Immediately upon Matta's return from hunting, her Royal Highness sent the same officer to desire him to give her his word that he would not stir out that evening. This compliment very much surprised him, more particularly as no reason was assigned for it. He was expected at a good entertainment he was dying with hunger, and nothing appeared to him more unreasonable than to oblige him to stay at home, in a situation like the present; but he had given his word, and not knowing to what this might tend, his only resource was to send for his friend; but his friend did not come to him until his return from the country. He had there found the Marquis in the midst of his fiddlers, and very much vexed to find himself a prisoner in his own house on account of Matta, whom he was waiting for in order to feast him: he complained of him bitterly to the Chevalier de Grammont: he said that he did not believe that he had offended him; but that, since he was very desirous of a quarrel, he desired the Chevalier to acquaint him, if he felt the least displeasure on the present occasion, he should, on the very first opportunity, receive what is called satisfaction. The Chevalier de Grammont assured him that no such thought had ever entered the mind of Matta; that on the contrary, he knew that he very greatly esteemed him; that all this could alone arise from the extreme tenderness of his lady, who, being alarmed upon the report of the servants who waited at table, must have gone to her Royal Highness, in order to prevent any unpleasant consequences; that he thought this the more probable, as he had often told the Marchioness, when speaking of Matta, that he was the best swordsman in France; for, in truth, the poor gentleman had never fought without having the misfortune of killing his man.
The Marquis, being a little pacified, said he was very much obliged to him, that he would severely chide his wife for her unseasonable tenderness, and that he was extremely desirous of again enjoying the pleasure of his dear friend Matta's company.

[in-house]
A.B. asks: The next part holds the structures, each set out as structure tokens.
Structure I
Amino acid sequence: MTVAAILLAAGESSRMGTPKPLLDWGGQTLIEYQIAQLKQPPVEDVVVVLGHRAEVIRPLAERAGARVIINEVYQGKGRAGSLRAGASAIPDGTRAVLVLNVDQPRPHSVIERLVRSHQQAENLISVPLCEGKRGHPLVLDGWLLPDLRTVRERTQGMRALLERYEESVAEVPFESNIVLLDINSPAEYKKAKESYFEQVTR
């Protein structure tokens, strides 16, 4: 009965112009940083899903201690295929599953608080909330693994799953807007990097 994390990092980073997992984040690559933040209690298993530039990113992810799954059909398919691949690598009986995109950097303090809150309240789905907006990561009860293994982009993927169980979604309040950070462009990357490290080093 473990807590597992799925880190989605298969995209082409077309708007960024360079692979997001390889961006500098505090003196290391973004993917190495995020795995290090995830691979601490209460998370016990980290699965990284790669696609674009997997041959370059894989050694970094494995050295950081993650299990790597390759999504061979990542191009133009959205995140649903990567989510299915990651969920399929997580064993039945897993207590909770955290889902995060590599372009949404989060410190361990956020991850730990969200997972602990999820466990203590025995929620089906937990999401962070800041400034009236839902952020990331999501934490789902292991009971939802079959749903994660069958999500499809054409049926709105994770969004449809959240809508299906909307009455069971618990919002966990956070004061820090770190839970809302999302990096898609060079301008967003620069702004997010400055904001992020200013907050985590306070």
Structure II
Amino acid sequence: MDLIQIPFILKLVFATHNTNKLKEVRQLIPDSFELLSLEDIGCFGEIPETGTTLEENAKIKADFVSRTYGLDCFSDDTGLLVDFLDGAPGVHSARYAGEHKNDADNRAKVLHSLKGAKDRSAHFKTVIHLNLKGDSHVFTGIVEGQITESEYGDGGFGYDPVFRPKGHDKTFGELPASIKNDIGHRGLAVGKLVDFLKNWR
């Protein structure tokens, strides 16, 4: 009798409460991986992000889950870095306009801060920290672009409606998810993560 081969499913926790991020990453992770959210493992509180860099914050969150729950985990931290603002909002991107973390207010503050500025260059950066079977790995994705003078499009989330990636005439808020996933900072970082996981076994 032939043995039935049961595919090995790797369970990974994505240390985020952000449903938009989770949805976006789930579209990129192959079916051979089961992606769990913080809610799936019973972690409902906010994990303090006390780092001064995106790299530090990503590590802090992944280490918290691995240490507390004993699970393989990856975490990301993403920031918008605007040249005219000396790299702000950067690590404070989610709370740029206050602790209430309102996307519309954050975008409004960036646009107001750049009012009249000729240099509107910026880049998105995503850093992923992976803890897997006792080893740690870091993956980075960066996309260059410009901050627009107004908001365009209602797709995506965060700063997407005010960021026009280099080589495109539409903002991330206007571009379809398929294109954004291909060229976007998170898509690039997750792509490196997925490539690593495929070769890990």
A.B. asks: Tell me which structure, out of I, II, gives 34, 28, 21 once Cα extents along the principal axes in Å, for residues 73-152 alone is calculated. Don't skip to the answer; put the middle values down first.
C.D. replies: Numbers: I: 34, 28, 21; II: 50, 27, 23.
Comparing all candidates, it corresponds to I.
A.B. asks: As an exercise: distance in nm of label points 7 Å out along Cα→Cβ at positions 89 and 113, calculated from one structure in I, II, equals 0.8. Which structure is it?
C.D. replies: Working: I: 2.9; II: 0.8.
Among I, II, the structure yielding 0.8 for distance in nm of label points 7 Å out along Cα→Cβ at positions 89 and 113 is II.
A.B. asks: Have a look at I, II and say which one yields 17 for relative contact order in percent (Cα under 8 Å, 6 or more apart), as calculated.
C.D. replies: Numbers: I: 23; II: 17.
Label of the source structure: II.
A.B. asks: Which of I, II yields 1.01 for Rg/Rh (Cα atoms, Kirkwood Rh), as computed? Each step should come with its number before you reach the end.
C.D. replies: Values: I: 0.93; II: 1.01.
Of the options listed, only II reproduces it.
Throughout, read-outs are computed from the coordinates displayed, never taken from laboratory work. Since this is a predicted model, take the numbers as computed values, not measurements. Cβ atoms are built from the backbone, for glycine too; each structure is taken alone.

The Chevalier de Grammont assured him that he would use all his endeavours for that purpose, and at the same time gave strict charge to his guard not to let him escape without orders from the Court, as he seemed fully bent upon fighting, and they would be responsible for him: there was no occasion to say more to have him strictly watched, though there was no necessity for it.
One being thus safely lodged, his next step was to secure the other: he returned immediately to town: and as soon as Matta saw him, "What the devil," said he, "is the meaning of this farce which I am obliged to act? for my part, I cannot understand the foolish customs of this country; how comes it that they make me a prisoner upon my parole?" "How comes it?" said the Chevalier de Grammont, "it is because you yourself are far more unaccountable than all their customs; you cannot help disputing with a peevish fellow, whom you ought only to laugh at; some officious footman has no doubt been talking of your last night's dispute; you were seen to go out of town in the morning, and the Marquis soon after; was not this sufficient to make her Royal Highness think herself obliged to take these precautions? The Marquis is in custody; they have only required your parole; so far, therefore, from taking the affair in the sense you do, I should send very humbly to thank her Highness for the kindness she has manifested towards you in putting you under arrest, since it is only on your account that she interests herself in the affair. I shall take a walk to the palace, where I will endeavour to unravel this mystery; in the mean time, as there is but little probability that the matter should be settled this evening, you would do well to order supper; for I shall come back to you immediately."
Matta charged him not to fail to express to her Royal Highness the grateful sense he had of her favour, though in truth he as little feared the Marquis as he loved him; and it is impossible to express the degree of his fortitude in stronger terms.